Seneca Chief

1732/35 -1836


Cornplanter (Kaiiontwa'kon, Garganwahgah, "By What One Plants"), with Red Jacket, a leader of the Seneca Nation, was born at Canawagus on the Genesee River in present-day New York State around 1740.

His father was an Albany trader named John Abeel or O'Bail, and Cornplanter was known to the English as John O'Bail or Captain O'Bail.

His half brother Handsome Lake was an Iroquois Confederacy chief, as was a nephew who was known as Blacksnake or Governor Blacksnake.

During the American Revolution, Cornplanter was chosen at a gathering of warriors (along with the respected Seneca war chief Old Smoke) to lead the Iroquois warriors (including the Mohawk under Joseph Brant), in support of the British.

Cornplanter had at first vigorously opposed Iroquois participation in the war on either side and had admonished his warriors against fighting, stating, according to Governor Blacksnake, "war is war Death is the Death a fight is a hard business."

Governor Blacksnake also stated that at the end of this speech Joseph Brant, the war chief of the Mohawk Valley Mohawks, who had earlier traveled to England to cement his ties to the Crown, accused Cornplanter of cowardice.

Cornplanter eventually led fighters against the Americans throughout the course of the war.

Cornplanter was second in command of the Indian fighters at the Battle of Wyoming in June 1778.

More than 300 Americans were killed in this action (and fewer than ten Indians and Rangers) while eight forts and a thousand dwellings were destroyed.

On August 2, 1780, Cornplanter, Brant, Old Smoke, and the Cayuga war chief Fish Carrier led about four hundred Indians and Tories on a scorched-earth campaign against the Canajoharie District in the Mohawk Valley.

Approximately fifty to sixty prisoners were taken, while two forts and fifty-three houses were destroyed.

Among the houses burned was that of John Abeel, who was captured and then recognized as Cornplanter's father.

Cornplanter apologized intensely for burning his father's home and offered to take his father home to the Seneca country or, if he preferred, to send him back to his white family. Abeel chose the latter.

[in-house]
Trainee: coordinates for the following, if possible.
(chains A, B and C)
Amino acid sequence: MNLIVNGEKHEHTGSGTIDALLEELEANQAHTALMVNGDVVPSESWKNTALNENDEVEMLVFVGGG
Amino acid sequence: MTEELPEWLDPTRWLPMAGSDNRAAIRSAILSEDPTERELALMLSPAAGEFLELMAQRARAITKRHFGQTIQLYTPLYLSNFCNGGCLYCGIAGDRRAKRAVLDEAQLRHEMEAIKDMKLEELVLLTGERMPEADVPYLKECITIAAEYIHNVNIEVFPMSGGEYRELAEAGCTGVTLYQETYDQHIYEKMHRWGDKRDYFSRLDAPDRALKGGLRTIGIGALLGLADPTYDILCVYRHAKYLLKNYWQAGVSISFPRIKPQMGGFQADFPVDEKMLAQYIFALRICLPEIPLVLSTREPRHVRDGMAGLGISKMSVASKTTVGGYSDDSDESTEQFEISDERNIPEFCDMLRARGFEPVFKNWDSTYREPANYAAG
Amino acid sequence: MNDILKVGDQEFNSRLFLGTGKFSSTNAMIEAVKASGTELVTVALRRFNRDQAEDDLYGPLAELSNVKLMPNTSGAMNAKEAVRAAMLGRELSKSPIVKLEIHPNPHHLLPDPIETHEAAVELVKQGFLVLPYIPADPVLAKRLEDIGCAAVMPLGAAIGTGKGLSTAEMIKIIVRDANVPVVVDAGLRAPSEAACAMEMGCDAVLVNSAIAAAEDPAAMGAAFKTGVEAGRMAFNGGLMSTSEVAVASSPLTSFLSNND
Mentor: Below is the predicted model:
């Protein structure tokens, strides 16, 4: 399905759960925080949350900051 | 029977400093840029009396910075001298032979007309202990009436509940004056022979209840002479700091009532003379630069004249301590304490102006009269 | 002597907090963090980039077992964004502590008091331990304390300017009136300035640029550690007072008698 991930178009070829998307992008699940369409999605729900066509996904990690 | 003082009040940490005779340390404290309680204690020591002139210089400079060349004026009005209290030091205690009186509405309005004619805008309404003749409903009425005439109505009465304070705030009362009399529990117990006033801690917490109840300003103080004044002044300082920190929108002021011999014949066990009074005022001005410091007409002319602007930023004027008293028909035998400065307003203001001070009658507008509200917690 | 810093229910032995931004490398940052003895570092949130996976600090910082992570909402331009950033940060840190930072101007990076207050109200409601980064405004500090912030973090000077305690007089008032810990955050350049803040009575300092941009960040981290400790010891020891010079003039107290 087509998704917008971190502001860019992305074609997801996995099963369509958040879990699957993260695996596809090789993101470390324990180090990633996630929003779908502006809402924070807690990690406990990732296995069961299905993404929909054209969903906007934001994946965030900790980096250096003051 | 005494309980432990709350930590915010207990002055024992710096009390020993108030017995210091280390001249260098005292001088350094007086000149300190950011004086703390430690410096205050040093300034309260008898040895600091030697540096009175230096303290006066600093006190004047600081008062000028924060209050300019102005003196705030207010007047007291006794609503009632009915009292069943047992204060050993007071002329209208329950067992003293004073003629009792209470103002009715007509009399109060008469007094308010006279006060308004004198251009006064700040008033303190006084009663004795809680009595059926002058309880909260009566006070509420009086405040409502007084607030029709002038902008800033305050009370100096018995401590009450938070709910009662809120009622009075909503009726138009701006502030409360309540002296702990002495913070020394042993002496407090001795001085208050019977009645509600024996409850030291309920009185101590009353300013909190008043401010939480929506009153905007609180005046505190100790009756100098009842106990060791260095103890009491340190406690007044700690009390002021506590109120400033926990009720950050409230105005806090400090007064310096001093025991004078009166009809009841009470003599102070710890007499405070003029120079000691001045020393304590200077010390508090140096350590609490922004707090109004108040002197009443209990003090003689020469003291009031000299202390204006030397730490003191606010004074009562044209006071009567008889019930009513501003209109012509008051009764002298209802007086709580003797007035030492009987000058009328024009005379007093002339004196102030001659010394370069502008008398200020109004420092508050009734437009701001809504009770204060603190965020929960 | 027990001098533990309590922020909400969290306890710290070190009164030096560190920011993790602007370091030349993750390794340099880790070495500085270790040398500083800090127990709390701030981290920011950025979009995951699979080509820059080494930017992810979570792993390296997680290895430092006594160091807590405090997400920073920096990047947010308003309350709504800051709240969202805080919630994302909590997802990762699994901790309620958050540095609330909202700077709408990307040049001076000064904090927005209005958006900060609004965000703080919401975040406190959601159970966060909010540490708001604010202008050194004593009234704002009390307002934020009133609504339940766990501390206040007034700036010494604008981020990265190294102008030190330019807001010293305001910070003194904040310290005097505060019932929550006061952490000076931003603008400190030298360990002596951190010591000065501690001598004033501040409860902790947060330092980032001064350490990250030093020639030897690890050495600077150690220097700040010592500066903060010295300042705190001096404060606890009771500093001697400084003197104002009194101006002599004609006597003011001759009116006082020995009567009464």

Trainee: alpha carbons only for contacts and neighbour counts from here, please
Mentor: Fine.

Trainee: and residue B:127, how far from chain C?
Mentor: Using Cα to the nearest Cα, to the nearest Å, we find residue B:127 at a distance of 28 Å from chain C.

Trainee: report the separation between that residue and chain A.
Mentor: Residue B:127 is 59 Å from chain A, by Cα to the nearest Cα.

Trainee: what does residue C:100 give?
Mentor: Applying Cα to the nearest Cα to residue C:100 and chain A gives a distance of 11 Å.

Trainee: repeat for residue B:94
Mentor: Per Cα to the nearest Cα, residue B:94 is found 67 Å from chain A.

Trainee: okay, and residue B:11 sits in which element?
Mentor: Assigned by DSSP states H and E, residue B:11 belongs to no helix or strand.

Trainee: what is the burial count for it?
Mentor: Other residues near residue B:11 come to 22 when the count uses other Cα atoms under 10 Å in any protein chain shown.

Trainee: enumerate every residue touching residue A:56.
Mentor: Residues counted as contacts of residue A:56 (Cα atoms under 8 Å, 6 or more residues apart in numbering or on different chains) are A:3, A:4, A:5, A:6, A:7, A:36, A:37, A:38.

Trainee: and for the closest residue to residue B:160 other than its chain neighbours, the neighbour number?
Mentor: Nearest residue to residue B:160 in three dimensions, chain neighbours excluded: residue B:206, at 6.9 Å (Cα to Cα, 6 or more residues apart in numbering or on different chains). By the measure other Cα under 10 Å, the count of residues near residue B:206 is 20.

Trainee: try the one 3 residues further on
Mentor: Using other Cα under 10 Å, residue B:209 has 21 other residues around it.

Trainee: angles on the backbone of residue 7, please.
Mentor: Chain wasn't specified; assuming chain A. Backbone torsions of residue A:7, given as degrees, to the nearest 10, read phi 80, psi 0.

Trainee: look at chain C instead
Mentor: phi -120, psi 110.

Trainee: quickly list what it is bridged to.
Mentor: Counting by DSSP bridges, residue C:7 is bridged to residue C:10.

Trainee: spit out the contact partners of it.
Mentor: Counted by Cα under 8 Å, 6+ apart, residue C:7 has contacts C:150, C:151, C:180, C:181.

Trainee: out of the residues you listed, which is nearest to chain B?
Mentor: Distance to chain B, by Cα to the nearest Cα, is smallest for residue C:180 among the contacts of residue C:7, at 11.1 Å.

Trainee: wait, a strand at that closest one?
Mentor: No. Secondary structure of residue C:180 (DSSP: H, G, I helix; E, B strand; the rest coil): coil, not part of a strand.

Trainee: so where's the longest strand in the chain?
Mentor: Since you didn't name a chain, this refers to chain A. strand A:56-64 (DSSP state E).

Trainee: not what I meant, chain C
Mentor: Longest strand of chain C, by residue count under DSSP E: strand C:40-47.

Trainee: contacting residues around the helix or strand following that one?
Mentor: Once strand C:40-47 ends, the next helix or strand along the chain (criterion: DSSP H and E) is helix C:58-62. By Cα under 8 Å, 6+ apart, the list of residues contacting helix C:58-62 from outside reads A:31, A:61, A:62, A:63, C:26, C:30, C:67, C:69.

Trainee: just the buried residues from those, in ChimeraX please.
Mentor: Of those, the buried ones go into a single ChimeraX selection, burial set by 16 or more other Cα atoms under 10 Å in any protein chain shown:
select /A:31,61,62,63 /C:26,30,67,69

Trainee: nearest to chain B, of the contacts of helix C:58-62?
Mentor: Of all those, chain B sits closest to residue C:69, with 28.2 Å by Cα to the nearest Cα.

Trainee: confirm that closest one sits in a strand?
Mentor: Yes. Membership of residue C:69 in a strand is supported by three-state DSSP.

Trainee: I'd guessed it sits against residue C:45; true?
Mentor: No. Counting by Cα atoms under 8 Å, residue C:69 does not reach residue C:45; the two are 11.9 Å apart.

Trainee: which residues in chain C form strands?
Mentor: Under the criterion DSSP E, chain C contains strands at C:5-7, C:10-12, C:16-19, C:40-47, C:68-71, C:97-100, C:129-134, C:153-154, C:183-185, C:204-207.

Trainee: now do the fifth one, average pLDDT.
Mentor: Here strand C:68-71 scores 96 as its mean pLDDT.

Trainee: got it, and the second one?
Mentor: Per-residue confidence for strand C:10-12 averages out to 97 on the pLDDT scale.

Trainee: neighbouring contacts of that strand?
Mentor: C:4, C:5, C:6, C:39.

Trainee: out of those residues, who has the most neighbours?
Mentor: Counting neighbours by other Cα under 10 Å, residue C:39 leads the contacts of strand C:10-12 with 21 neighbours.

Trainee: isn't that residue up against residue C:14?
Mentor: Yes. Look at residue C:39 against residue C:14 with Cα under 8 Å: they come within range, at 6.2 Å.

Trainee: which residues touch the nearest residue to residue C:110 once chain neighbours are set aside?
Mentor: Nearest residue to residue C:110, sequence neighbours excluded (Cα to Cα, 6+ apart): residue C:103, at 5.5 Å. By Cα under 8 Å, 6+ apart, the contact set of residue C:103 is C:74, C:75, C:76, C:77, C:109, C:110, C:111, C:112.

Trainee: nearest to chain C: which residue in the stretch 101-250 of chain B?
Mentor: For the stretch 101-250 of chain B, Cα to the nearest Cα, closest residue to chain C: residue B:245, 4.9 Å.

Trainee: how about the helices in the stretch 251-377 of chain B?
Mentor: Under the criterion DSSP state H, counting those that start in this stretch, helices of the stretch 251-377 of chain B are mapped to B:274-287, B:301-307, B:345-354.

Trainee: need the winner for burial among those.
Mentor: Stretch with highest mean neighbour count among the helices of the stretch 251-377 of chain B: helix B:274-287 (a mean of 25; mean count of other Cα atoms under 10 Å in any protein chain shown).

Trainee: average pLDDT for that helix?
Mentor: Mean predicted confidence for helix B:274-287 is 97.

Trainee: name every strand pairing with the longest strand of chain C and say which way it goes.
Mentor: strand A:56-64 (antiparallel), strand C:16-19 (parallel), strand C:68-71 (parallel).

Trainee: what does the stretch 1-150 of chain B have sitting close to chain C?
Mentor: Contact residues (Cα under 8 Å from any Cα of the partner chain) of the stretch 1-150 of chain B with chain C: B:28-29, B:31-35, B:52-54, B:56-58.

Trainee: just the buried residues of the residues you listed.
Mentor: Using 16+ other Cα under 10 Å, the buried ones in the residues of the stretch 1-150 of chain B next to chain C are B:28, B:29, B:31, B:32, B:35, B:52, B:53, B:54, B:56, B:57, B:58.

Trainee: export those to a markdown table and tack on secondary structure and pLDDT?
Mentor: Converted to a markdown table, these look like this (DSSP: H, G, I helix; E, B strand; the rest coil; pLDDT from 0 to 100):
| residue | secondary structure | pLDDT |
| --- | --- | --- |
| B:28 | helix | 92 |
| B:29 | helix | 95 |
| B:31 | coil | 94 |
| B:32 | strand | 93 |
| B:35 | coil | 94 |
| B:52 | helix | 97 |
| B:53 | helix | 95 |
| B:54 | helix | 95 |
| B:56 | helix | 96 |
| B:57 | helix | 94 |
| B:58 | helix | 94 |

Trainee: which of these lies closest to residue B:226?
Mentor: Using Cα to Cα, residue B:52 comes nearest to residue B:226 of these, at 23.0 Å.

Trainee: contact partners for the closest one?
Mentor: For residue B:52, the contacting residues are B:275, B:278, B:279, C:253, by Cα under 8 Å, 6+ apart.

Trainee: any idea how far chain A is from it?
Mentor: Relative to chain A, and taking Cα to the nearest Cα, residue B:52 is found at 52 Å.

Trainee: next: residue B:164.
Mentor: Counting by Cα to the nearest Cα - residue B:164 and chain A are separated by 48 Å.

In October 1780, Cornplanter was among the leaders in a series of attacks on forts and settlements in the Schoharie Valley in what is now eastern New York State.

This action was in response to the Clinton-Sullivan campaign of the previous year that had resulted in the destruction of two hundred Iroquois houses and an estimated 150,000 bushels of grain in addition to some forty Iroquois dead and more than sixty captured.

The counterattack prompted New York Governor George Clinton to comment that New York's western frontier was now at Schenectady.

At the end of the Revolutionary War Cornplanter organized and led a delegation to Fort Stanwix, where in 1783 a treaty was negotiated between the United States and the Six Nations Iroquois Confederacy.

While embraced by the United States, the treaty made such sweeping concessions of Iroquois land that, when presented to the government of the Confederacy, it was deemed unacceptable.

The Six Nations Grand Council never ratified it.

In a speech delivered to President Washington at Philadelphia, Cornplanter stated: "When our chiefs returned from the treaty at Fort Stanwix, and laid before our council what had been done there, our nation was surprised to hear how great a country you had compelled them to give up to you, without your paying to us any thing for it.... We asked each other, what have we done to deserve such severe chastisement?"